“NSA has massive database of Americans’ phone calls” (UPDATED)
More attempts by our “adversarial” press (and their leak-happy counterparts in the CIA) to gin up controversy, this time, presumably, to try to scuttle the appointment of Gen Michael Hayden as DCI.
From USA Today:
The National Security Agency has been secretly collecting the phone call records of tens of millions of Americans, using data provided by AT&T, Verizon and BellSouth, people with direct knowledge of the arrangement told USA TODAY.
“Secretly” being the sinister aspect to all this. Because we prefer our intelligence work to be done in the open, so that armchair intel specialists can keep tabs on things in between visits to the Starbucks bathroom.
The NSA program reaches into homes and businesses across the nation by amassing information about the calls of ordinary Americans Ã¢â‚¬â€ most of whom arenÃ¢â‚¬â„¢t suspected of any crime. This program does not involve the NSA listening to or recording conversations.
And there you have it: the big blockbuster here is that the NSA, using it’s giant neocon-controlled talons, is “reaching into homes and businesses” of “ordinary Americans” and “amassing information” about phone traffic patterns.
Note that the calls are not recorded. Or listened to. Rather, they are analyzed for patterns that could help identify where terrorist cells are located.
Which, were Safeway to use their Super Saver’s Card to track potential terror cells rather than to predict, say, the general soft drink buying habits of their customers, would be approximately the same thing. [note: unable to see a connection between the use of cards that track buying habits in order to predict inventory levels and consumer buying habits and the use of similar information tracking to find calling trends and predict potential spots for investigation, David Anderson of In Search of Utopia calls this the “stupidest comment of the day.” “Stupid” having evidently become a synonym for “things stupid people can’t seem to comprehend, and so try to dismiss by calling them stupid.”]
Although USA Today and it’s source make it sound far more devious:
It’s the largest database ever assembled in the world,” said one person, who, like the others who agreed to talk about the NSA’s activities, declined to be identified by name or affiliation. The agency’s goal is “to create a database of every call ever made” within the nation’s borders, this person added.
For the customers of these companies, it means that the government has detailed records of calls they made Ã¢â‚¬â€ across town or across the country Ã¢â‚¬â€ to family members, co-workers, business contacts and others.
The three telecommunications companies are working under contract with the NSA, which launched the program in 2001 shortly after the Sept. 11 terrorist attacks, the sources said. The program is aimed at identifying and tracking suspected terrorists, they said.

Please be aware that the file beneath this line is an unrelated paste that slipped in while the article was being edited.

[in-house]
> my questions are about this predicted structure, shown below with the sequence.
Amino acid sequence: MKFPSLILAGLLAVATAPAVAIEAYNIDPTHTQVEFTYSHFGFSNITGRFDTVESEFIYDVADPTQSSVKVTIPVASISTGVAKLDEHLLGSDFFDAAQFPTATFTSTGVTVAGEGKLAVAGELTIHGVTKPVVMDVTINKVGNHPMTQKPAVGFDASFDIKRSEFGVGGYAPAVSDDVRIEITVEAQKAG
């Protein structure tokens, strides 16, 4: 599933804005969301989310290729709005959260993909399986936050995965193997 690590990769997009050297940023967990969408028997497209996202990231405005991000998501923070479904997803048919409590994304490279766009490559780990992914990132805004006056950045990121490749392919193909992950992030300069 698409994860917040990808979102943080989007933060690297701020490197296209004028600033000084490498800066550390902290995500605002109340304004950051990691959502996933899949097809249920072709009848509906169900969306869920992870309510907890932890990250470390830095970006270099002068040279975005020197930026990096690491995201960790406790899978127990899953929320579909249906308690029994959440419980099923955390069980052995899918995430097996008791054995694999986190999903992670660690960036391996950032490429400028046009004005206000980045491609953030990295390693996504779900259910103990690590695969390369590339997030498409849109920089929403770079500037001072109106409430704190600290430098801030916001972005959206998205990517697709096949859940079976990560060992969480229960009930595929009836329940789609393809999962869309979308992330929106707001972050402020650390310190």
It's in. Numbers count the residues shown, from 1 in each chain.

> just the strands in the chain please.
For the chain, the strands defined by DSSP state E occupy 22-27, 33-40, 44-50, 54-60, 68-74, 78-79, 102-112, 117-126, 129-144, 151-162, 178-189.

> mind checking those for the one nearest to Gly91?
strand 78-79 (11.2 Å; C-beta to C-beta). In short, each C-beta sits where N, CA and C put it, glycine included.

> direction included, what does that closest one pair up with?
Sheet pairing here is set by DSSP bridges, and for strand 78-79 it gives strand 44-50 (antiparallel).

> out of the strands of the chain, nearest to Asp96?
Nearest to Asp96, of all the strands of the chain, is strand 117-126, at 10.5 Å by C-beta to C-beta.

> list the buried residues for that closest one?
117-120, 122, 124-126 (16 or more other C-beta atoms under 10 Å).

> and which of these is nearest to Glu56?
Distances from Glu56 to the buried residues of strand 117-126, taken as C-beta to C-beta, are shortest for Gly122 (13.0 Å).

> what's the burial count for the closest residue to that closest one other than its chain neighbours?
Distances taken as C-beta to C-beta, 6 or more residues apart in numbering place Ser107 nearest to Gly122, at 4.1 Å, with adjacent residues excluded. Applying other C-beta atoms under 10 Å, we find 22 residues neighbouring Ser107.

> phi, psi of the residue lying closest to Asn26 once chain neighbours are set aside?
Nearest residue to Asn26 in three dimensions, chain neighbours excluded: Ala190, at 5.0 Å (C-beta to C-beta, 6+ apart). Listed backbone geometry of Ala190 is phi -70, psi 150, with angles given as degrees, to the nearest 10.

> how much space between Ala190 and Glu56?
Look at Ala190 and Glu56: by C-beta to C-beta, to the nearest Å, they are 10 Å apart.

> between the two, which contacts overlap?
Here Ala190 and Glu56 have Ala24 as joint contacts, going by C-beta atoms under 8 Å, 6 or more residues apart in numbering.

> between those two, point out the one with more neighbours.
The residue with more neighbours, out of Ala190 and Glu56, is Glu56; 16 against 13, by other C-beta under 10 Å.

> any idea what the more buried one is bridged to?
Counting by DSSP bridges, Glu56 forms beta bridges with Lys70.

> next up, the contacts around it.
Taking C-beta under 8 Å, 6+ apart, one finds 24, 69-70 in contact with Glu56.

The sources would talk only under a guarantee of anonymity because the NSA program is secret.
…And because they know that such a tale wouldn’t pass muster under whistleblower protections. It is meant only to inflame those predisposed to being inflamed.
To be clear, under normal circumstances (which does not apply to being at war with those whose m.o. is to install itself in a host country and attack from within), I am not a big fan of these kinds of databases or data mining. I don’t, for instance, give my phone number to Radio Shack or Best Buy.
But these aren’t normal circumstances, and besides—there is nothing here to suggest that the database can or will be used for purposes other than those the NSA and the DoJ have already been forced to reveal: the targeting of terrorists both inside and outside the country.
But rather than dignifying what is a rather clear rehashing of what we’ve already covered with respect to the NSA surveillance program and FISA (except to note that USA Today is hoping we’ll conflate Uncle Susie or Grammy Lola’s gossip-filled conversations with their general behavior as part of the larger group called “ordinary Americans, the idea being that analyzing habits and trends to focus in on a target group—often called marketing, under different circumstances—is akin to a gross violation of civil liberties, and proof of a power-drunk administration gone MAD with proto-fascism), I’ll just point you to AJ Strata:
First off most recordings related to a warranted search cover the innocent. Picture yourself as the target of a surveillance warrant (drugs, organized crime, terrorism – pick one) and then realize how many people you contact via phone and compter. You parents, siblings, children, neighbors all get monitored and their phone number and address recorded.